Dan Ilic 28:19
Yeah. And, Mike, you are a person of action, you were just talking about kind of your ability to kind of leapfrog competitors and innovate. And to use that overused Wayne Gretzky quote, you know, skating where the puck is going to be, is Australia skating where the puck is going to be?

Mike Cannon-Brookes 28:35
Look, I don't think we are, but I think we should be. I think perhaps,

I think that the climate change problem, let's face it, the climate crisis writ large is an incredibly hard problem to solve. Right? And part of the reason it's incredibly hard problem to solve is because it's a prisoner's dilemma by nature, right? Anytime you have someone bullshit you and say, oh, we're only like a couple percent of the problem. So why do we bother? Let's Let's write it. It's like, okay, you can get upset about that. But it's going to require the entire world to come together and solve this run. However, for Australia, we have this amazing opportunity, which should frustrate us even more, because we actually have an opportunity in this. It's not just doing our 2%. It's the ability for us to build, literally the future of our country. And I think when we talk about skating, where the puck is going to be, it's not about solving again, this is where, you know, long ago now I was all about 200% renewables because just literally it is a thing that makes people think, what do you mean 200%? It's because this is an opportunity for us. We've never been able to have more energy than we need, until you think about it and go Actually, that's all we do. Export is energy. Well, that's all we export. But when I talk about fossil fuels, we are exporting energy. All we're saying is we were evolved that to export a different type of energy. That's an opportunity for us and we have just such an amazing opportunity, not just resources, you've probably had lots of people in the last two days. He's talking about sun and wind and how it could power the entire world five times over from Australia, etc. That's all totally true. We also have the opportunity in the finance community, in the talent we have here. If you think about anybody that's built large scale infrastructure projects, I care if you're building a coal mine, or a large energy export project of a different kind, you need large scale project management, you need project finance, you need engineering, you need electricians, you need all sorts of different bits and people to make this. We have all that expertise in Australia. And we have the resources and the talent. And we need to get people back to work in massive numbers. We're talking about skating where the puck is going to be the single greatest frustration at the moment is that we don't see this as an opportunity and economic opportunity that we should be embracing, which is like never before five years ago, it wasn't true, right? We didn't have the cost models and stuff that we do today.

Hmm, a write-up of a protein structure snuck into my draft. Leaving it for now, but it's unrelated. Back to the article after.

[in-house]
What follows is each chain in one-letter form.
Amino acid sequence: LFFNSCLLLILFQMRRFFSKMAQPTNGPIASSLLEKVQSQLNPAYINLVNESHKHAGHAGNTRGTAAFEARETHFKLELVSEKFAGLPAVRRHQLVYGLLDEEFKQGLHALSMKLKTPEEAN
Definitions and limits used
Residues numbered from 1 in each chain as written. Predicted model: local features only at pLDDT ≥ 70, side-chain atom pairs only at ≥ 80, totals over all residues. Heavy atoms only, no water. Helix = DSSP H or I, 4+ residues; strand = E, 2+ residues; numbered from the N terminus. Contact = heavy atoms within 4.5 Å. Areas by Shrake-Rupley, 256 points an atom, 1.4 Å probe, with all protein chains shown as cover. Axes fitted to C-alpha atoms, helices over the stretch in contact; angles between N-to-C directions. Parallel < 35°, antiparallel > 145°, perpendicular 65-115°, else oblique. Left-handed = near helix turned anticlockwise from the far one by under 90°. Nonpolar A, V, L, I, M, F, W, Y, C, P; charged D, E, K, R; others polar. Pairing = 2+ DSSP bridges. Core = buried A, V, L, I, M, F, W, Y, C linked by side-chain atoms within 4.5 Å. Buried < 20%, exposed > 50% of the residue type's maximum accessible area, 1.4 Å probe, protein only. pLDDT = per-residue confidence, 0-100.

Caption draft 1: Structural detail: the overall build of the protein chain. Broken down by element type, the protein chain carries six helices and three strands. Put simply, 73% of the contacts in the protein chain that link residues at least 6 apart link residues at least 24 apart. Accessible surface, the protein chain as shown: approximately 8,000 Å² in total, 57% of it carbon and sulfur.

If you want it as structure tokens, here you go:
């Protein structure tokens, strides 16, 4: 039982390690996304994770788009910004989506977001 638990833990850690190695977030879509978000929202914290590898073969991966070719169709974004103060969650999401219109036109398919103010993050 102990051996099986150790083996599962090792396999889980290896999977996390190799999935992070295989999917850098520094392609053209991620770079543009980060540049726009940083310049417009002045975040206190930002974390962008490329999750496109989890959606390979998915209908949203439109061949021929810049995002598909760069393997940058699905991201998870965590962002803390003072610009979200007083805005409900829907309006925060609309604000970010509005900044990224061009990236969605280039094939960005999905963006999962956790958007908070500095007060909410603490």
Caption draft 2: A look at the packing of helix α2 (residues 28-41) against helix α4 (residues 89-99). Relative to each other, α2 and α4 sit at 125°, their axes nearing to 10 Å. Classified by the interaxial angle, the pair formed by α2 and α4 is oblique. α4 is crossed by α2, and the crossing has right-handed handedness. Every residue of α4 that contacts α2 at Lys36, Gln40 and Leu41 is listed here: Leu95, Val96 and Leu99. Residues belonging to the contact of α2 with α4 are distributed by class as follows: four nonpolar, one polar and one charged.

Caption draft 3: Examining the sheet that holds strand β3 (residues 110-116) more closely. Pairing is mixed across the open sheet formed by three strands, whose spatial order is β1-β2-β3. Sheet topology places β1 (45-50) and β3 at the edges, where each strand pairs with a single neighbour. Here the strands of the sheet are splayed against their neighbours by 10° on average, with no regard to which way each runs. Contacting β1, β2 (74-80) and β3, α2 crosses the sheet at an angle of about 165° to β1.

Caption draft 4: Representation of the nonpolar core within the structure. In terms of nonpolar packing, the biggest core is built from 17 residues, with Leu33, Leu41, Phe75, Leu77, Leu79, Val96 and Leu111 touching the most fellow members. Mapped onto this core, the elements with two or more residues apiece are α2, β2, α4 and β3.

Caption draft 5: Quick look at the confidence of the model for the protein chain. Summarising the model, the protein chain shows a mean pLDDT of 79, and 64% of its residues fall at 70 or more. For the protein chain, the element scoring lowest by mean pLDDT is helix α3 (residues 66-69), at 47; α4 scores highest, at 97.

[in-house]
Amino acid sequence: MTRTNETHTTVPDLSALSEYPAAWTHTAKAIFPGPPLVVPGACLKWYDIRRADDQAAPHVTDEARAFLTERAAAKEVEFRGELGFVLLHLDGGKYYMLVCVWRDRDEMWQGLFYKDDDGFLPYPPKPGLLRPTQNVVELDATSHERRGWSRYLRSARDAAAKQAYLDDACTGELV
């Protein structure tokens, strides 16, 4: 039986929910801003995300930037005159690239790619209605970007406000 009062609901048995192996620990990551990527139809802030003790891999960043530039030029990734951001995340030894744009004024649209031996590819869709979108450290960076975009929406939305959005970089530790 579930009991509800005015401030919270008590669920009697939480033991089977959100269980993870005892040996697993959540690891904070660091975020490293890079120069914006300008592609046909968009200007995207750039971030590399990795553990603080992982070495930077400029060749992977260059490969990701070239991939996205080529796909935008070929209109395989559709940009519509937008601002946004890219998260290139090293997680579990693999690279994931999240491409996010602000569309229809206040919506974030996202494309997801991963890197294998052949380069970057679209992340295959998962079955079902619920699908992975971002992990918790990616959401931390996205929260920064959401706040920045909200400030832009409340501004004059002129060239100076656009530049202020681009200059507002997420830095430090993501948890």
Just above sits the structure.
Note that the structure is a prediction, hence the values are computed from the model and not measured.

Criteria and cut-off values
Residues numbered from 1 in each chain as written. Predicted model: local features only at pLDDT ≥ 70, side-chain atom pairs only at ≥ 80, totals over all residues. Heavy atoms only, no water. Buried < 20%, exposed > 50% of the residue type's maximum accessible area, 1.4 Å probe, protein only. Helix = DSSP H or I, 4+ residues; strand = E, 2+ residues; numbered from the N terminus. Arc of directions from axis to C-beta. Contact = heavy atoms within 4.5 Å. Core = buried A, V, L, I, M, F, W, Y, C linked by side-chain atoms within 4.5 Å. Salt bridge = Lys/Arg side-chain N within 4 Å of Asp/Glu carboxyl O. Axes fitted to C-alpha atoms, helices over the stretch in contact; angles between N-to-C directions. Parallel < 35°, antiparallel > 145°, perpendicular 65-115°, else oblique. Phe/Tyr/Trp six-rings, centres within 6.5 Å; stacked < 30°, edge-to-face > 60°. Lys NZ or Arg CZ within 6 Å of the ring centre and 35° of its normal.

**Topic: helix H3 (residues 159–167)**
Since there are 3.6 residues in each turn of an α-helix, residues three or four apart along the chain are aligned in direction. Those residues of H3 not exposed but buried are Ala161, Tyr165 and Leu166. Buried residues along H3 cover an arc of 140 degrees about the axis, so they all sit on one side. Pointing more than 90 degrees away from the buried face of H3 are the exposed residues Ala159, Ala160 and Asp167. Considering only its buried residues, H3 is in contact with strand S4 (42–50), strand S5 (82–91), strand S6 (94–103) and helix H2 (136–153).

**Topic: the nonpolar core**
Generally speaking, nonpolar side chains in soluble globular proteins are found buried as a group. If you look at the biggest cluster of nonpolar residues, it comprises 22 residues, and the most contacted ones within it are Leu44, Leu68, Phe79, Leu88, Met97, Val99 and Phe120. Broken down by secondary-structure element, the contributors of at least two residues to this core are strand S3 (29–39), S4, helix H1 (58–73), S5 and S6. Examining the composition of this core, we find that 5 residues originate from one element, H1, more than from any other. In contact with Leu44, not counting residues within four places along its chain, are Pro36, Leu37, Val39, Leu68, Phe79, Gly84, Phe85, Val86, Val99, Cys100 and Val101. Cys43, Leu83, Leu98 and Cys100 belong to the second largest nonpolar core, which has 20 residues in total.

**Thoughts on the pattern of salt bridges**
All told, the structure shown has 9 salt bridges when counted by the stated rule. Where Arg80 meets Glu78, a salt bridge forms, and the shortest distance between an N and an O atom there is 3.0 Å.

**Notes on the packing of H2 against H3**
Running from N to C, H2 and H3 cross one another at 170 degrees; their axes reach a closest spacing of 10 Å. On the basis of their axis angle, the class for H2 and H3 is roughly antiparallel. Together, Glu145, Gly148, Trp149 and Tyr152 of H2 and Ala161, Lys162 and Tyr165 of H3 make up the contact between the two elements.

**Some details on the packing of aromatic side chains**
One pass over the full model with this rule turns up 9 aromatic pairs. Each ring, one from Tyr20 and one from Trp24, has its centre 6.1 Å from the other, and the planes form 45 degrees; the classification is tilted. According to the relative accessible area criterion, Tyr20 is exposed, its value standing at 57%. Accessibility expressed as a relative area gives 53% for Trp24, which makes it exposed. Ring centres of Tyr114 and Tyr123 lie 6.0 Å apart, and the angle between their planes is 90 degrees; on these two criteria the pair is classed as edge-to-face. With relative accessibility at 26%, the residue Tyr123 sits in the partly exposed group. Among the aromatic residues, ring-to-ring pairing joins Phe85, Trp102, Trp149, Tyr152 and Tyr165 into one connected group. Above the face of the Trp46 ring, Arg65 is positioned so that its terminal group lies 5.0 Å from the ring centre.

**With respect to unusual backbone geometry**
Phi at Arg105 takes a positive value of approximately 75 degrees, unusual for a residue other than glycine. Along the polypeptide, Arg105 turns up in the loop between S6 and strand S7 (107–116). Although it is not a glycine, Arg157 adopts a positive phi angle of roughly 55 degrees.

Dan Ilic 30:54
that that would be scanning with the puppies. I think, you know, the the notion of 200% renewables or 500% renewables totally blows my mind. It's like, yeah, of course, like, it totally makes sense. And it really annoys me when you when we hearing at the moment, particularly with hydrogen that came out in the Technology Roadmap, and how hydrogens can be made with gas, brown hydrogen, and there's like, what do you like? What are you doing when we've got all this other energy we could use to make hydrogen and we've got the water, we are good by water. We are good by the resources that we need. We like we're good by Sun and water, like good. We think good. Dory anyway. So anyway, I get really annoyed when I hear these, you know, myopic ideas that kind of lock us into into fossil fuels when it's so obvious that that we could execute on something far more innovative.